Pro Linux System Administration provides models for implementing a Linux infrastructure and builds a foundation...
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for open source business systems management. Authors and systems infrastructure experts James Turnbull, Peter Lieverdink and Dennis Matotek introduce readers to Linux and offer easy-to-understand instructions for system administrators learning the world of Linux. The authors' detailed model allows for business growth and complements the configurations, real-world examples and tips provided in the book. Readers will learn how to build, back up and recover Linux servers; create basic networks with Linux; implement services including mail, Web, databases, and file and print; implement Linux security and recognize Linux performance issues. Pro Linux System Administration targets small to medium-sized business owners, administrators attempting to adopt Linux, and IT systems integrators in need of a complete Linux management approach. Check out this free download of chapter 19 on configuration management by James Turnbull.
We asked the authors a few questions to learn more about the ideas and expert experiences behind Pro Linux System Administration.
What is the need for a book on Linux system administration? What gaps in information have you observed, and how does your book fill them in?
There are some good books on Linux system administration and they cover a lot of interesting ground. We, however, took the approach of developing a book that introduces Linux and teaches the reader how to build a Linux-based environment in a step-by-step manner. People learn the skills as they go. This allows us to introduce Linux to new and existing systems administrators in a structured and simple way that allows them to grow their skills as their environment grows and becomes more fully-featured. We also didn't want to neglect some of the more advanced topics that are often voodoo to new administrators, such as capacity planning and provisioning.
One of the strengths of the book is that it contains lots of places for readers to find information that allows them to take the next step in developing their skills. We don't assume we're going to teach people everything and we want them to develop and grow beyond the knowledge we impart in the book. Overall, the book makes it easy to go from a Linux novice to a Linux professional in a step-by-step fashion.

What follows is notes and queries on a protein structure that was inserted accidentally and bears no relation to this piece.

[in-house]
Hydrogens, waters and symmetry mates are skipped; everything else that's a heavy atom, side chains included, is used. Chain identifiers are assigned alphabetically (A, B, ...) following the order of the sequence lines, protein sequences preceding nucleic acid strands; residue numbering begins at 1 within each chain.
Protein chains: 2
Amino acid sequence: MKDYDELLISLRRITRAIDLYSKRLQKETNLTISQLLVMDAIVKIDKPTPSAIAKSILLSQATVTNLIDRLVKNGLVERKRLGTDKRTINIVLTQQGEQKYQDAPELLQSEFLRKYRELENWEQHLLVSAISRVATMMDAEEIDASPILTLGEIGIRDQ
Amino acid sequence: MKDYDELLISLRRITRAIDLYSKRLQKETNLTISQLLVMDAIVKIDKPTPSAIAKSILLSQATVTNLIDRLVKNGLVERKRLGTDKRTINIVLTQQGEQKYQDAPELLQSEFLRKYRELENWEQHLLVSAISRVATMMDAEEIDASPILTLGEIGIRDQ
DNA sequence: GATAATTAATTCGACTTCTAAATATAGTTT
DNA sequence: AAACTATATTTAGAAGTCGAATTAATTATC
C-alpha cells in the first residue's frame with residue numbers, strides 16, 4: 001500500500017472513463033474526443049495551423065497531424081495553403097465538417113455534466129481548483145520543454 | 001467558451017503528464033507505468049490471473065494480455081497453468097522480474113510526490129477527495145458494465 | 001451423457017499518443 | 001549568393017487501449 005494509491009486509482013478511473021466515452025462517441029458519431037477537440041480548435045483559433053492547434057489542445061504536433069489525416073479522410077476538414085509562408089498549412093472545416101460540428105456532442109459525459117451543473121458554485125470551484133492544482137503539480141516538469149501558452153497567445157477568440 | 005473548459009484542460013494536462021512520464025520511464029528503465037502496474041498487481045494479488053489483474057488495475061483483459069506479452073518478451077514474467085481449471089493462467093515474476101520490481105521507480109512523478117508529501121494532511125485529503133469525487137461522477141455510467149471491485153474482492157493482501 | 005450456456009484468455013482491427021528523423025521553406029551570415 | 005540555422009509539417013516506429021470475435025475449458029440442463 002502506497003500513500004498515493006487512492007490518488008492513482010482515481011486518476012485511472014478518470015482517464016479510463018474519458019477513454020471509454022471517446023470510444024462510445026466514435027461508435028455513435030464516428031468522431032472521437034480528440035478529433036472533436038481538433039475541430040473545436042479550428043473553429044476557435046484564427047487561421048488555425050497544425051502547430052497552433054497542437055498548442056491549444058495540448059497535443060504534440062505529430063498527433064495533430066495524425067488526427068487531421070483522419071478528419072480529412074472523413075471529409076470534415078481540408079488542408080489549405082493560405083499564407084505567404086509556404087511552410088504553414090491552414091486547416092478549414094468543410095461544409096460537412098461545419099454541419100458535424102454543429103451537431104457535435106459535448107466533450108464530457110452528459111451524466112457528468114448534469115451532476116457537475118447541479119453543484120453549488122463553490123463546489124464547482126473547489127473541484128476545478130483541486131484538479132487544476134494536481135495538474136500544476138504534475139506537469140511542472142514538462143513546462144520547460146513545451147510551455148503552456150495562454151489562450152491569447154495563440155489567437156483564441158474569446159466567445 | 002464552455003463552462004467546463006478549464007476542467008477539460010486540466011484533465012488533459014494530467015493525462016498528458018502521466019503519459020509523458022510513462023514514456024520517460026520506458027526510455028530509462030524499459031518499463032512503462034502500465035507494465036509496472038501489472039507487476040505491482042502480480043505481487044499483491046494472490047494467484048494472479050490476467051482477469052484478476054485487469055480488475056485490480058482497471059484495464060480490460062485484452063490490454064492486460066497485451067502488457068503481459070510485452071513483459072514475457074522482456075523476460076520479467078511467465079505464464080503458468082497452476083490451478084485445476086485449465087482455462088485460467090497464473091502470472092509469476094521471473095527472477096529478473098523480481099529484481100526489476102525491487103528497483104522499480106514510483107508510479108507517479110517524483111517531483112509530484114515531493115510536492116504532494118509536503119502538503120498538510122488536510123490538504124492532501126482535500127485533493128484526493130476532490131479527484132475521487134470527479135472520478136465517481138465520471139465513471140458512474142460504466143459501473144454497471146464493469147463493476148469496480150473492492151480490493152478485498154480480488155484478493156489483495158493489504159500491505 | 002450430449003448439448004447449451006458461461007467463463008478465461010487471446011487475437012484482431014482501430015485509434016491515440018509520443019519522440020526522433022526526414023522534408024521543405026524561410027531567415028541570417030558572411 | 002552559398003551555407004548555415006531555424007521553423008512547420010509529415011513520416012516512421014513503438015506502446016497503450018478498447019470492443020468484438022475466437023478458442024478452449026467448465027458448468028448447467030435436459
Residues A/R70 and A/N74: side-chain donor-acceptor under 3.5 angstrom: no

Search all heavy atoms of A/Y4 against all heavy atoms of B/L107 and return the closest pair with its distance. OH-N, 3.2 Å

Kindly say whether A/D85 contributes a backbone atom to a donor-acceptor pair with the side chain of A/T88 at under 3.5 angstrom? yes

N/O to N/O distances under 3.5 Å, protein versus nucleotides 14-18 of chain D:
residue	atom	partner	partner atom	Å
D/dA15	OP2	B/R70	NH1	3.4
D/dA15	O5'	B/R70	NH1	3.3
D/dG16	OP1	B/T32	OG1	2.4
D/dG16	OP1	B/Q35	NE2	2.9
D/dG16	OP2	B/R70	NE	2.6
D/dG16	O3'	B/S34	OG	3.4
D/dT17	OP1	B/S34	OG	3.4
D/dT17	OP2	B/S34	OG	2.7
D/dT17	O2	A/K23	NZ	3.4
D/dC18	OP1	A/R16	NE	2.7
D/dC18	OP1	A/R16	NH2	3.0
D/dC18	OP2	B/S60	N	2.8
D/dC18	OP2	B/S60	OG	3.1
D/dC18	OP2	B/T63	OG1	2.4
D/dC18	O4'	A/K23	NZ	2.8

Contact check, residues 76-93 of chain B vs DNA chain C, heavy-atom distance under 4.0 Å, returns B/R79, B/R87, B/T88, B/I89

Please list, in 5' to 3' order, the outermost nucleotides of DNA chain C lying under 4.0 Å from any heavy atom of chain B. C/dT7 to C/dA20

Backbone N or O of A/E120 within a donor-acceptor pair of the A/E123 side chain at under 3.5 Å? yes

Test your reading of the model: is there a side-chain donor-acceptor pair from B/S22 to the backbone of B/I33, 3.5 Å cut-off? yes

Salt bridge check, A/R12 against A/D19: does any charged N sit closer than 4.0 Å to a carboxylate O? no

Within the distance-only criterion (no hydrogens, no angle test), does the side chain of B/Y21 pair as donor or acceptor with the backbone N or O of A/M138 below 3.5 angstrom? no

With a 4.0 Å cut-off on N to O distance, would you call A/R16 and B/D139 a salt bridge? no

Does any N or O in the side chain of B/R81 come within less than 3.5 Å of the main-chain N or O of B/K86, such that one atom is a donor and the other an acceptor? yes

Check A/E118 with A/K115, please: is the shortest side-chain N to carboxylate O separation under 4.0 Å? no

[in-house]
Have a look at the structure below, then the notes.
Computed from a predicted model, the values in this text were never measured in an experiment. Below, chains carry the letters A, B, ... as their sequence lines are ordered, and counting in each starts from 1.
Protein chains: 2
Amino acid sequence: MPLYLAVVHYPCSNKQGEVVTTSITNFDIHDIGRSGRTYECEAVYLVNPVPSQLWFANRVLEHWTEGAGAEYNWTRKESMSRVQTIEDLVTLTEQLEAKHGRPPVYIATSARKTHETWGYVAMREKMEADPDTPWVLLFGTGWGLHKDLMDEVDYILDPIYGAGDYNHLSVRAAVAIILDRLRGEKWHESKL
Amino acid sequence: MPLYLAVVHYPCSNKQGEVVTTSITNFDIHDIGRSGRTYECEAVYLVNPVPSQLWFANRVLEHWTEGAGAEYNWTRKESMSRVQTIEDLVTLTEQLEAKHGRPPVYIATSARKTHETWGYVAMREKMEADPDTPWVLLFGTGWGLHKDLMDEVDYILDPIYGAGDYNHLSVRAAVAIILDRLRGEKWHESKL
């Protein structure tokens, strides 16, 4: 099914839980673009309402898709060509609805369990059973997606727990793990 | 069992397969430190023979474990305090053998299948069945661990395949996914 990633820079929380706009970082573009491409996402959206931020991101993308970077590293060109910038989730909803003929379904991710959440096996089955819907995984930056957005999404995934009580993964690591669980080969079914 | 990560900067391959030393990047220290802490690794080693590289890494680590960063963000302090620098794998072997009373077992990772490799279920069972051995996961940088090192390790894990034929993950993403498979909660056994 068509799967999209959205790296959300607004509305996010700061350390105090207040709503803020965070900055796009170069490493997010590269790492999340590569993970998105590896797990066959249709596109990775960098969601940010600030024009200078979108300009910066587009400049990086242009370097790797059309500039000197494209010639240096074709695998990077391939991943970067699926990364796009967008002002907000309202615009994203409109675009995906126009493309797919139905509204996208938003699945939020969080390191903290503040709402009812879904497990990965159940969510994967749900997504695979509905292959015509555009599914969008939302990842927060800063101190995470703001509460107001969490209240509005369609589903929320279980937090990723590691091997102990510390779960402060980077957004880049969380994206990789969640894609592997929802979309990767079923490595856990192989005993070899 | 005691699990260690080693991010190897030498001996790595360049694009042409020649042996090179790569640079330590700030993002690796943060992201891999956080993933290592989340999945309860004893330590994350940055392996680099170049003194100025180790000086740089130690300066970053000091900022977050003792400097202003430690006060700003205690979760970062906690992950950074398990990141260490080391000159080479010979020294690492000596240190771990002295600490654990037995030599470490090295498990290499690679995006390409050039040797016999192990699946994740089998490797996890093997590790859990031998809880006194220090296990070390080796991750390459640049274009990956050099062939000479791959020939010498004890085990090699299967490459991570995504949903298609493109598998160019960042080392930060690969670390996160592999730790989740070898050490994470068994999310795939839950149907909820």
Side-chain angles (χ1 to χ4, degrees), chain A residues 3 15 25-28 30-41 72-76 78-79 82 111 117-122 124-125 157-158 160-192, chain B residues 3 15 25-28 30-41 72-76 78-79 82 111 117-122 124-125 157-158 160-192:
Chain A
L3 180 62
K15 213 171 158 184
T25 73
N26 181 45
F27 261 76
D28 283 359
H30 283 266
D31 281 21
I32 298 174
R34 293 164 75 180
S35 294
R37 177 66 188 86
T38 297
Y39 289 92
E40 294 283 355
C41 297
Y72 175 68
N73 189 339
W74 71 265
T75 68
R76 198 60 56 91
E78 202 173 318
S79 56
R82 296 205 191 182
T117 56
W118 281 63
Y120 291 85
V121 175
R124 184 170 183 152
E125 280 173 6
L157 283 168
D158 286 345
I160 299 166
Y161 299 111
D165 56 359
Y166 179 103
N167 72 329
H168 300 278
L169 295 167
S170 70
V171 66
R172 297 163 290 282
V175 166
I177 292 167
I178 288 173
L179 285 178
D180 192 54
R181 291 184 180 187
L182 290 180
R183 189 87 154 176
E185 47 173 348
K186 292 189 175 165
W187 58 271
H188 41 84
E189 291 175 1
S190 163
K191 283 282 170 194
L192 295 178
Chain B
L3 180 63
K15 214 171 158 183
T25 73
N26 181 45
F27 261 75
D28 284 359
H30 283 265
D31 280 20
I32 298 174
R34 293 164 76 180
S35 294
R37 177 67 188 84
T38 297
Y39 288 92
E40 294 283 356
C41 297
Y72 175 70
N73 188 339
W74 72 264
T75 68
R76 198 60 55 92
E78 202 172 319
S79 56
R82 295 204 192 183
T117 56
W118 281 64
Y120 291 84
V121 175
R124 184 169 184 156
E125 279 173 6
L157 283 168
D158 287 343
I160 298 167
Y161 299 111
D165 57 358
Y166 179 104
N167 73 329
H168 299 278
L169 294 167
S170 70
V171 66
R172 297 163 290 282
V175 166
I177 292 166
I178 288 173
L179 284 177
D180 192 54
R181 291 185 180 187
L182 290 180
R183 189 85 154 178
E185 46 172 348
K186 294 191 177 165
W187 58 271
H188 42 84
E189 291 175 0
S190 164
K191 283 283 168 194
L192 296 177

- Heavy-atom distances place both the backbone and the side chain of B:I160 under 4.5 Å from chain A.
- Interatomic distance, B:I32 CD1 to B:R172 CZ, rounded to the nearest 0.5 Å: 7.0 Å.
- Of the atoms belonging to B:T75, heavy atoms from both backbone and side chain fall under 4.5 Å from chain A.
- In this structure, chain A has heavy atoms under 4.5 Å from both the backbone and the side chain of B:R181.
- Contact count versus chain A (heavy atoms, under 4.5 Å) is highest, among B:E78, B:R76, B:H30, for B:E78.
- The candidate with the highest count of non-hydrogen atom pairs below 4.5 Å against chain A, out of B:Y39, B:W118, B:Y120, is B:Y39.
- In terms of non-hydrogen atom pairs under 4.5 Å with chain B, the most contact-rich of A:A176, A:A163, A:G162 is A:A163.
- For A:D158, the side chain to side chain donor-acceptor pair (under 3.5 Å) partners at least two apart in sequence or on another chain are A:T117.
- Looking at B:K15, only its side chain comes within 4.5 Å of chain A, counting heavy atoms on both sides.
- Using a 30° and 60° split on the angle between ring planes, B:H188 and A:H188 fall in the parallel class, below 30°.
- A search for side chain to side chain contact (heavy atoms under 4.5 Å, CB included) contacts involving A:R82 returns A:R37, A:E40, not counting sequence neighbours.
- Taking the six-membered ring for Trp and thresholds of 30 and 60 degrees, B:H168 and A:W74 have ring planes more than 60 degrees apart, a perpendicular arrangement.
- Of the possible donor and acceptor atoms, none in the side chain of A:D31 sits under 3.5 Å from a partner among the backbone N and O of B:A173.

How did you divide or collaborate the writing of this book?
We divided the book's chapters according to our strengths. James has a strong background in tools like Nagios, provisioning and configuration management so he handled those chapters, Peter has a heavy web administration background so he wrote that chapter, and Dennis has strong skills in backup and recovery and file and print services. We divided the other chapters between us using the same broad principal. We also collaborated and consulted each other on our respective chapters to ensure we didn't miss anything. And we had an excellent technical reviewer who was able to catch any issues we might have missed!
Your book covers all the distros you claim a system administrator may want to use such as Red Hat, Ubuntu, Debian and Centos. Do you recommend or favor any particular distribution?
This question is a never-ending source of discussion and debate. The authors all use and prefer different distributions and we know that distributions have their individual strengths and weaknesses. We took care to not recommend any particular distribution, but instead gave the reader the basic skills to get started with a few of the major ones, so they can make up their own mind. At the end of the day, which distribution a system administrator will choose depends on their requirements and what they find easiest to use and interact with. In fact, this is one of the advantages in the free and open software world; you have a wide variety of software to choose from, so you can work the way you prefer and not the way the software wants you to work.
Book reviews state the layered approach to "Pro Linux System Administration" is unique and distinguishes it from other Linux administration information. How did you set the material and teaching approach within this book apart from other Linux System Administration books?